1. Echo System [16:13] MP3 soundclip of Echo System [3:00]
  2. Windy Plains [7:16]
  3. Writing on Water [8:07] MP3 soundclip of Writing on Water [3:00]
  4. Shanti [10:30]
  5. Shadowlands [7:41]
  6. Everybody's Sky [7:58] MP3 soundclip of Everybody`s sky [3:00]
  7. Death of an ARP [14:13]
An incredible collaboration by Craig Padilla and Paul Ellis.
This CD began to take form two years ago and is finally in the finishing stages!! Hypnotic and spacey sequences and mysterious melodies create an awesome "cinematic experience!"

2003. Craig Padilla Composed and recorded with famous Northwestern Electronic Music Master, Paul Ellis, and released on the Groove Unlimited label, this landmark recording reveals itself in stunning emotional complexity. Collaborations by artists at this level frequently produces amazing results, but this disc achieves a pinnacle of quality that makes it stand out in relation to other masterworks of electronic musical expression.

2004. Skip Murphy / USA This collaboration is rooted in the love of classic Euro-German 70's synth music and the desire to keep the fire burning today. Like Paul Ellis's inspired solo work, this doesn't stand in the imitative shadow of great works of the past, but draws inspiration from them. The pieces have a nice live feel and playful quality, with resonate sequences and pulsing melodic forms throughout. It feels good in the ears, and like the best electronic music it lights up the imagination and stimulates the brain in interesting ways.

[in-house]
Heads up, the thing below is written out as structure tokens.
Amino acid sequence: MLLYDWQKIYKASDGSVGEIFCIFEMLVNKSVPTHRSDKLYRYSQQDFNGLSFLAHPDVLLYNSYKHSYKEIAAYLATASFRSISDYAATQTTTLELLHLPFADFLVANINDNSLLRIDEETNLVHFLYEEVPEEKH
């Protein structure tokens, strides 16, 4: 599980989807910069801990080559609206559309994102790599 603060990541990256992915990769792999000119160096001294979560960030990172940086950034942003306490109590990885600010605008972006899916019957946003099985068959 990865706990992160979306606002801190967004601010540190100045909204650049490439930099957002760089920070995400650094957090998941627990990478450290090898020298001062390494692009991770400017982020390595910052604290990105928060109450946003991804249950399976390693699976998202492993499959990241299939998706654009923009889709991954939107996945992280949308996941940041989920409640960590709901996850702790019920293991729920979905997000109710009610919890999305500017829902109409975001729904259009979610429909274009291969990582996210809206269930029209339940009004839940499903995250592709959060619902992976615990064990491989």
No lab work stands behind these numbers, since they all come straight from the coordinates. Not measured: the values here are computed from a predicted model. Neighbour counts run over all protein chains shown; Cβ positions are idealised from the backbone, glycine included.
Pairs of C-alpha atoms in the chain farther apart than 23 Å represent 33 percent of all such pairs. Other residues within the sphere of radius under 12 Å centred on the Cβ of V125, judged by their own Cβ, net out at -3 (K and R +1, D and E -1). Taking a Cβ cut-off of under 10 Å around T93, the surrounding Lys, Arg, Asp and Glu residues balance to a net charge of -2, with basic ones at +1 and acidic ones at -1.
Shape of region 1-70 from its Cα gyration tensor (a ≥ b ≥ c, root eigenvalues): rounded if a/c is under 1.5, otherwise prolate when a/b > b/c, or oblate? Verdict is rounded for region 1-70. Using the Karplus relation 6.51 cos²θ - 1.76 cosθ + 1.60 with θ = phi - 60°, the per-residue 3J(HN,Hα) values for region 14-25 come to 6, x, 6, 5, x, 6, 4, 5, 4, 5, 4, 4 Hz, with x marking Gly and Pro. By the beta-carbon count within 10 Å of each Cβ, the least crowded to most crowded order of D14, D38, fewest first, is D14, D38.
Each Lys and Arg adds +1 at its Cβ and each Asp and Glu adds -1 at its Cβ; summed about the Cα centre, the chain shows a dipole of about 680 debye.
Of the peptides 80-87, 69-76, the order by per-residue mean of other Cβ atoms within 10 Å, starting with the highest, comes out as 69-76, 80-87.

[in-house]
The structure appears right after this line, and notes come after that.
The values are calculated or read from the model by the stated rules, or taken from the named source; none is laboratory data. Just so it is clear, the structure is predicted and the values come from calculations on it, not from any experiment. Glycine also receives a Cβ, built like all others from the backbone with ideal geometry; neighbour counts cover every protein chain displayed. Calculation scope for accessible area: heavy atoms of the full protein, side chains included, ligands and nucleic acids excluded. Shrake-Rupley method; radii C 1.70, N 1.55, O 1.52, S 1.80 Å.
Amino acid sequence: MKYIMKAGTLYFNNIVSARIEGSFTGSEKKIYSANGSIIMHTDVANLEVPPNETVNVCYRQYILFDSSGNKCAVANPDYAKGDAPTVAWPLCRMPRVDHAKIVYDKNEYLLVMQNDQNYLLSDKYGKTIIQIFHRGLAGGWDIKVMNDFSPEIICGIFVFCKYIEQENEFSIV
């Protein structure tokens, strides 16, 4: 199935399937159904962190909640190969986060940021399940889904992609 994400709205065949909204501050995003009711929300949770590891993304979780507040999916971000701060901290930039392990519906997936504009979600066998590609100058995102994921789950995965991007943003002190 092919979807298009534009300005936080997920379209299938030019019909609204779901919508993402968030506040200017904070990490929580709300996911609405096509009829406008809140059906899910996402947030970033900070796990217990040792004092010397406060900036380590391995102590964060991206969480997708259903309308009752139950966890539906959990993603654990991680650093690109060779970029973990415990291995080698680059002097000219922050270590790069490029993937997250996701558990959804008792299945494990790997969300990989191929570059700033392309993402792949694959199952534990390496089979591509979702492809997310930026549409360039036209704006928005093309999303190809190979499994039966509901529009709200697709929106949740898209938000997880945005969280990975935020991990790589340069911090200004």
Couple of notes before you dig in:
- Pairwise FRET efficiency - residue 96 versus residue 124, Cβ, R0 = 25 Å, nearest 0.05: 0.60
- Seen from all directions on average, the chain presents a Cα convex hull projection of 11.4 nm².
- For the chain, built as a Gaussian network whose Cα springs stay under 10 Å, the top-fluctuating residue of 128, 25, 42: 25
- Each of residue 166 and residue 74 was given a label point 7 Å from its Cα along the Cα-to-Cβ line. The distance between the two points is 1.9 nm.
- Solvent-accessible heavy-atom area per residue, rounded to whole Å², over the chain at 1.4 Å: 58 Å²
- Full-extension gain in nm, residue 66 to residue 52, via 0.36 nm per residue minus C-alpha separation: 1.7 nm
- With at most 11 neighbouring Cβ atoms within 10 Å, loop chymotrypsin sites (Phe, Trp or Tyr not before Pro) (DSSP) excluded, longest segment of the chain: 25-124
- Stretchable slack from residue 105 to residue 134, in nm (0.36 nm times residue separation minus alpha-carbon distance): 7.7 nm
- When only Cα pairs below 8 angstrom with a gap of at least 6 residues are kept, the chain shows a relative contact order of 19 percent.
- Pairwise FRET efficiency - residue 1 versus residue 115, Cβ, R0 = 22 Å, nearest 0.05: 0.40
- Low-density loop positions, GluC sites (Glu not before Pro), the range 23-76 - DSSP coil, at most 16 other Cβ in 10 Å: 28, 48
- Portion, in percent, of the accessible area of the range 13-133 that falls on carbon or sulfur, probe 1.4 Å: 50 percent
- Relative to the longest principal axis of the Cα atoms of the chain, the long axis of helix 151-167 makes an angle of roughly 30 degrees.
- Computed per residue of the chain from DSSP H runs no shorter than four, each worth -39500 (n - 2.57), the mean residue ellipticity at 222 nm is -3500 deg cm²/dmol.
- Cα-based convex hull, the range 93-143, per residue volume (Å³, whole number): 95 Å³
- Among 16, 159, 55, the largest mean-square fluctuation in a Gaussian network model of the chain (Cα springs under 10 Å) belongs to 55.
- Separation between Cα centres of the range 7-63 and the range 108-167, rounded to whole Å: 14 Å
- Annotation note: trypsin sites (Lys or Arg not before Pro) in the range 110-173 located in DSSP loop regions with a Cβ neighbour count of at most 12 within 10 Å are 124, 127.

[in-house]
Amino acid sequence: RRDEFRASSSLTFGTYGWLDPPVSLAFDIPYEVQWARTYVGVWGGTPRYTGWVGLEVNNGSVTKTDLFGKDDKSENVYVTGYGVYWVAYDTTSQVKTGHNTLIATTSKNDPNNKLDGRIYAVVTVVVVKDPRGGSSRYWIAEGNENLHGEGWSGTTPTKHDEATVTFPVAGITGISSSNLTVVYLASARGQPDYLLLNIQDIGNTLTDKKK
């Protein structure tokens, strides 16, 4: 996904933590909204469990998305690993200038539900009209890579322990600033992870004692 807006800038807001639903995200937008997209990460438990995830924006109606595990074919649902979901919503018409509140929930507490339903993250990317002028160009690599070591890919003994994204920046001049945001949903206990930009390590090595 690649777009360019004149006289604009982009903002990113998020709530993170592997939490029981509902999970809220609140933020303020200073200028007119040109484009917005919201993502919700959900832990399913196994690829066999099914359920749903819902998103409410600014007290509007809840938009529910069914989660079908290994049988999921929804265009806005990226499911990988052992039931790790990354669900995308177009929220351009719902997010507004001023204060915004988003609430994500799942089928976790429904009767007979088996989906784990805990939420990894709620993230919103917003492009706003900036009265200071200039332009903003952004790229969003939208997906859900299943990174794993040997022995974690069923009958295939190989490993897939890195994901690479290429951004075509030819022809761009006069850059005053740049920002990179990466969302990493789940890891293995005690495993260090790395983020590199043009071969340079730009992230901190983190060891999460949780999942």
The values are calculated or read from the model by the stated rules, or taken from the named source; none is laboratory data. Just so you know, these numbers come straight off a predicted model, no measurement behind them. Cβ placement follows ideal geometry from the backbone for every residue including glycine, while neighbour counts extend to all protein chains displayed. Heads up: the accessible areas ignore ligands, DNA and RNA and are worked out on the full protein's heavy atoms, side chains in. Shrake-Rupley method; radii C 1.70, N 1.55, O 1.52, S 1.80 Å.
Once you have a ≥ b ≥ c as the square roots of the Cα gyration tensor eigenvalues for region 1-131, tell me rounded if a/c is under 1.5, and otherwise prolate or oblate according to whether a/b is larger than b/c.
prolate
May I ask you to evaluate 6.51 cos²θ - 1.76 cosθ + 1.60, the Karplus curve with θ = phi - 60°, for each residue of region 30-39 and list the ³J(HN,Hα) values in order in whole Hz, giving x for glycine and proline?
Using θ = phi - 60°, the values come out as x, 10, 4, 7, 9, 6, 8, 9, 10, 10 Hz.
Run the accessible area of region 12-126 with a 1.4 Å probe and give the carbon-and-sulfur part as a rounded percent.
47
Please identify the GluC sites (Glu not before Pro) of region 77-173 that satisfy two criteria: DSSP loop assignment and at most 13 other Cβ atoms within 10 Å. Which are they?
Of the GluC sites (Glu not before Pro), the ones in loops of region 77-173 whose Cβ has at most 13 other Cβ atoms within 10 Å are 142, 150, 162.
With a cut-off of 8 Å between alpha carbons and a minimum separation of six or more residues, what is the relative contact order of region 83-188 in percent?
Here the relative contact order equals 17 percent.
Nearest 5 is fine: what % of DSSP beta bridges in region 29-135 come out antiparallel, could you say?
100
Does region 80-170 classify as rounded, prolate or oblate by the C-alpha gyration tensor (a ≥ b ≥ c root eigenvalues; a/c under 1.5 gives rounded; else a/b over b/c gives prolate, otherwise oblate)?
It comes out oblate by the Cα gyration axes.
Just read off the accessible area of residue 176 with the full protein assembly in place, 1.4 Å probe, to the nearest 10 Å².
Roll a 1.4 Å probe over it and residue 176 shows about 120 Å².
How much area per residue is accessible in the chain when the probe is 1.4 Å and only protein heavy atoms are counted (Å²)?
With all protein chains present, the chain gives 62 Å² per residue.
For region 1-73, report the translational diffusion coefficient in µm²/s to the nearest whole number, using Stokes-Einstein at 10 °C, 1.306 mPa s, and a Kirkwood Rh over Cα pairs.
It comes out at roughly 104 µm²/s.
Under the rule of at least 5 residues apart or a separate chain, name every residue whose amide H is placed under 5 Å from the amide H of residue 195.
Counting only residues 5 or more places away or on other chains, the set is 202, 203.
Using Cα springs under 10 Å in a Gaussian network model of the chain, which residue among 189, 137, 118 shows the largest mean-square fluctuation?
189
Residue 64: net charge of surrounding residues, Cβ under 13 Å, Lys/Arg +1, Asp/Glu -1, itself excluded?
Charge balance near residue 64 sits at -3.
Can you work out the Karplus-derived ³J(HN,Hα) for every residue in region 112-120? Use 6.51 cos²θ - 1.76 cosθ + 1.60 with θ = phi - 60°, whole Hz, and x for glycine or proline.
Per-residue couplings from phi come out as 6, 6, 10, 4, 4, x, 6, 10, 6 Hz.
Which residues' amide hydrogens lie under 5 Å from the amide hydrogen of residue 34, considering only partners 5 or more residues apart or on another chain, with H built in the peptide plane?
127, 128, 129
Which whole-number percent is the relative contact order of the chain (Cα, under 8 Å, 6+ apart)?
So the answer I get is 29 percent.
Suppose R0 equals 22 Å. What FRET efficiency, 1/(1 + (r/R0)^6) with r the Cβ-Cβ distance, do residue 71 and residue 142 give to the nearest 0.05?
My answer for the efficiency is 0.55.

2004. Steve Roach I'm a fan of traveling to beautiful places and EM has been part of my journeys for over 20 years. Occasionally the trip and music seem to become inseparatable in my memory. Echo System did just that on my trip to Yosemite with my son this weekend.